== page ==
“I can’t kill it!” she says with a laugh. “I keep digging it up, and it keeps coming back. ” Then she scowls. “It’s no good. Look how small it is.” She holds out a garlic bulb, the whole thing no bigger than my thumb, though it is divided into twelve cloves. Neglect and overcrowding has diminished the bulb’s size.
I nod and place the tiny cloves into a brown paper penny-candy bag. “I don’t know how to grow it,” Carmella admits. “When do you plant it?”
“Fall,” I tell her.
Add another clove.
Each October in Wisconsin where now I live, I plant my family’s garlic. Because garlic is grown from cloves, without flowers or seeds or new combinations of genetic material, my garlic is a clone of Grandpa’s – a direct connection to him and his gardens. Though he’s been gone almost 50 years, my garlic is the same kind Tony grew.
I separate and plant twelve cloves from each bulb, each one growing into a new bulb the following year. Within a few years after my visit with my aunt, my crop increases to over three hundred bulbs, each as large as a child’s fist and rich with flavor. I produce enough to sell and have plenty to give to friends who agree to keep them going as insurance for me. All they need is space and proper care.
Take a blue Ball jar filled with last summer’s dried basils named Sweet, Anise, Cinnamon, Genovese. Pull their curled leaves between your two palms. Above the pan, rub and scatter bits like dark green ashes.
The voices of the women in my mama’s family ring in my head.
“I would never buy sauce in a jar. Who would do that?”
“That’s not sauce! It don’t taste right.”
“They think being Italian come out of a jar?”
“Convenience, Pffuh,” they scoff and all together wave a hand in the air as if swatting a fly.
I think about this as I walk to a grocery store to look at jars of sauce. An Italian-American co-worker told me about a new kind of sauce that you can buy at the grocery stores. “A sauce for each of the nine regions of Italy.”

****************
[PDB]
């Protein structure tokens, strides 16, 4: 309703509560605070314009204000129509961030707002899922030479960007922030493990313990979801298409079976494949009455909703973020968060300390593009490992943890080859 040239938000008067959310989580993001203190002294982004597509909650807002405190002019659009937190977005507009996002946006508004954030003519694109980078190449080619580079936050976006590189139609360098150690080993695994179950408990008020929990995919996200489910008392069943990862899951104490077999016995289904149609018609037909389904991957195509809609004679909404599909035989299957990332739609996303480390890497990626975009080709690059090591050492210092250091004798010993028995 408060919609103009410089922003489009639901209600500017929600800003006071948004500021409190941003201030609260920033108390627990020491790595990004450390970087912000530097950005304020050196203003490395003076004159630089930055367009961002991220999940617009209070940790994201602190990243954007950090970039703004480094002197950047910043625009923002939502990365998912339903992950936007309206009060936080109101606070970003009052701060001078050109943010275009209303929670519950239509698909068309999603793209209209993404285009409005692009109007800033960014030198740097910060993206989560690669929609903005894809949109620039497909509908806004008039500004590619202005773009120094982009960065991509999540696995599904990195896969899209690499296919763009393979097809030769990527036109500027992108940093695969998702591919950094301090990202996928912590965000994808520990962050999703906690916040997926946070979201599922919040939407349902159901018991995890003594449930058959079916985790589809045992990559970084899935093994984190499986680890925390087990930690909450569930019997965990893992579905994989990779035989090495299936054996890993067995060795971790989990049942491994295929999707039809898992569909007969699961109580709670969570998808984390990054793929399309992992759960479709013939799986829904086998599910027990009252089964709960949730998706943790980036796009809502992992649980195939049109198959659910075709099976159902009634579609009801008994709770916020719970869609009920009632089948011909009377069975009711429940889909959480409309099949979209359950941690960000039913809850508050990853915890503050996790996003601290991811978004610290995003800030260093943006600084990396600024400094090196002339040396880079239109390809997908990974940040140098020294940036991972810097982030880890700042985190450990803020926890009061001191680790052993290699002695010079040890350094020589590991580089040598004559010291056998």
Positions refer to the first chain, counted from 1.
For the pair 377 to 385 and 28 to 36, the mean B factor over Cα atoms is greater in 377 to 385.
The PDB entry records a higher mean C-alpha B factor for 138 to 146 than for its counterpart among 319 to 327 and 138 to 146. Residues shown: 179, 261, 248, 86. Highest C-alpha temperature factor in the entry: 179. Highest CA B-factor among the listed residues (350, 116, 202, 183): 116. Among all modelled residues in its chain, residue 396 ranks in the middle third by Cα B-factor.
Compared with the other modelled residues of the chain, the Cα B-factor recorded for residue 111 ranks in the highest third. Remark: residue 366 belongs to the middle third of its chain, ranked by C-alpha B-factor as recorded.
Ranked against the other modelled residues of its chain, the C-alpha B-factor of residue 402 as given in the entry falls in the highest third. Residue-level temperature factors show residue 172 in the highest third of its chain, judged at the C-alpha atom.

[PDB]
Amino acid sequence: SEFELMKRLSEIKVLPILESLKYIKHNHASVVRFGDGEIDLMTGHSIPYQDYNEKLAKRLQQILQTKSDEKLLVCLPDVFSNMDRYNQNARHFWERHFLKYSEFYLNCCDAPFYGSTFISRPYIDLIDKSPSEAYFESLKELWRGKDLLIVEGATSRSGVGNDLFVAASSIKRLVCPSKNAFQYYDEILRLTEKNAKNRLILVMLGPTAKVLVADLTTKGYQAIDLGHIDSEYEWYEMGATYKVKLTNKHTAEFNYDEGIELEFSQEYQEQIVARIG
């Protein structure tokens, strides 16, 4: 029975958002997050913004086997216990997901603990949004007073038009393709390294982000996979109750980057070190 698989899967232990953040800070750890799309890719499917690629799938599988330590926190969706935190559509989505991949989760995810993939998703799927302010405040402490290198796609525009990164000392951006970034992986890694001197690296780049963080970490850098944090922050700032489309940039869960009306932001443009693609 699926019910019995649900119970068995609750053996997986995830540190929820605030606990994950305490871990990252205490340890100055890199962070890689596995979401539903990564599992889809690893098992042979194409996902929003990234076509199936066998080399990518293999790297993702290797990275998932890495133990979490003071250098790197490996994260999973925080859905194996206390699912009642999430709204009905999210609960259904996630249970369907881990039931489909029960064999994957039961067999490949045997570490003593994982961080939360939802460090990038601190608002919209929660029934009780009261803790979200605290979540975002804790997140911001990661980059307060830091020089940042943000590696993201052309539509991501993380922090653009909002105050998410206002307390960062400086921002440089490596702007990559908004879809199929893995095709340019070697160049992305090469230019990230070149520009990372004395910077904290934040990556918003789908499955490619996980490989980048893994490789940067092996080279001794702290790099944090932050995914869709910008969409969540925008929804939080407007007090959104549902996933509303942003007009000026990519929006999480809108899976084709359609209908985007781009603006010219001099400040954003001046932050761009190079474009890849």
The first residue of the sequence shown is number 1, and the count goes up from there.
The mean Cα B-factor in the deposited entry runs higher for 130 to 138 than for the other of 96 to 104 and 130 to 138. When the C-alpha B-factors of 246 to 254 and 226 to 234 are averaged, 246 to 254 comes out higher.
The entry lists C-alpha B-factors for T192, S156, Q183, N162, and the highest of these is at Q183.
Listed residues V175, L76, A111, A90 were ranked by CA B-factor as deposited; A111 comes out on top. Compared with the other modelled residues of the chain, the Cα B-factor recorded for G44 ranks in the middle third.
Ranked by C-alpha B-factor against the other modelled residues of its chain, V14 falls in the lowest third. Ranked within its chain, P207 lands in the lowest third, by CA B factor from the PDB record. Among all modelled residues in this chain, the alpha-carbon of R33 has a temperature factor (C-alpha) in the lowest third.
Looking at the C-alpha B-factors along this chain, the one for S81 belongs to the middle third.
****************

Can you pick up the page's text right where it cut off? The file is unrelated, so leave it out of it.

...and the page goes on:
“You’ll be able to find the region your family is from,” he told me.” Look at the ingredients and find the kind that has your family’s – then you’ll know.”
I think about the flavors and the shapes of the herbs floating in the sauce of my childhood. Some small leaves – thyme. Needles and thin strands – rosemary. Dill. And fennel seed – that’s what’s missing from mostly everyone’s sauce. And mint. We always put mint into the cheese mixture for ravioli.
I don’t need to look at any jars after all. I turn around and go home.
Add thyme, rosemary, dill, and mint. Take fennel seeds. Roll them in your palm. When their fragrance makes a bubble of scent, drop them into the pan.
When everyone in Grandpa’s house stopped canning, Mama processed bushel baskets of her father’s tomatoes in her own kitchen for a while. Later, when the tomatoes were gone, Mama succumbed to store-bought stewed tomatoes mixed with tomato paste. Yet she prepared those tomatoes in the traditional way, grinding them with the Foley sifter to separate the seeds and bitter skin from the pulp which she caught in a pan. The sound of the metal blade scraping against the perforated bottom of the sifter meant that Mama was readying the tomatoes for sauce.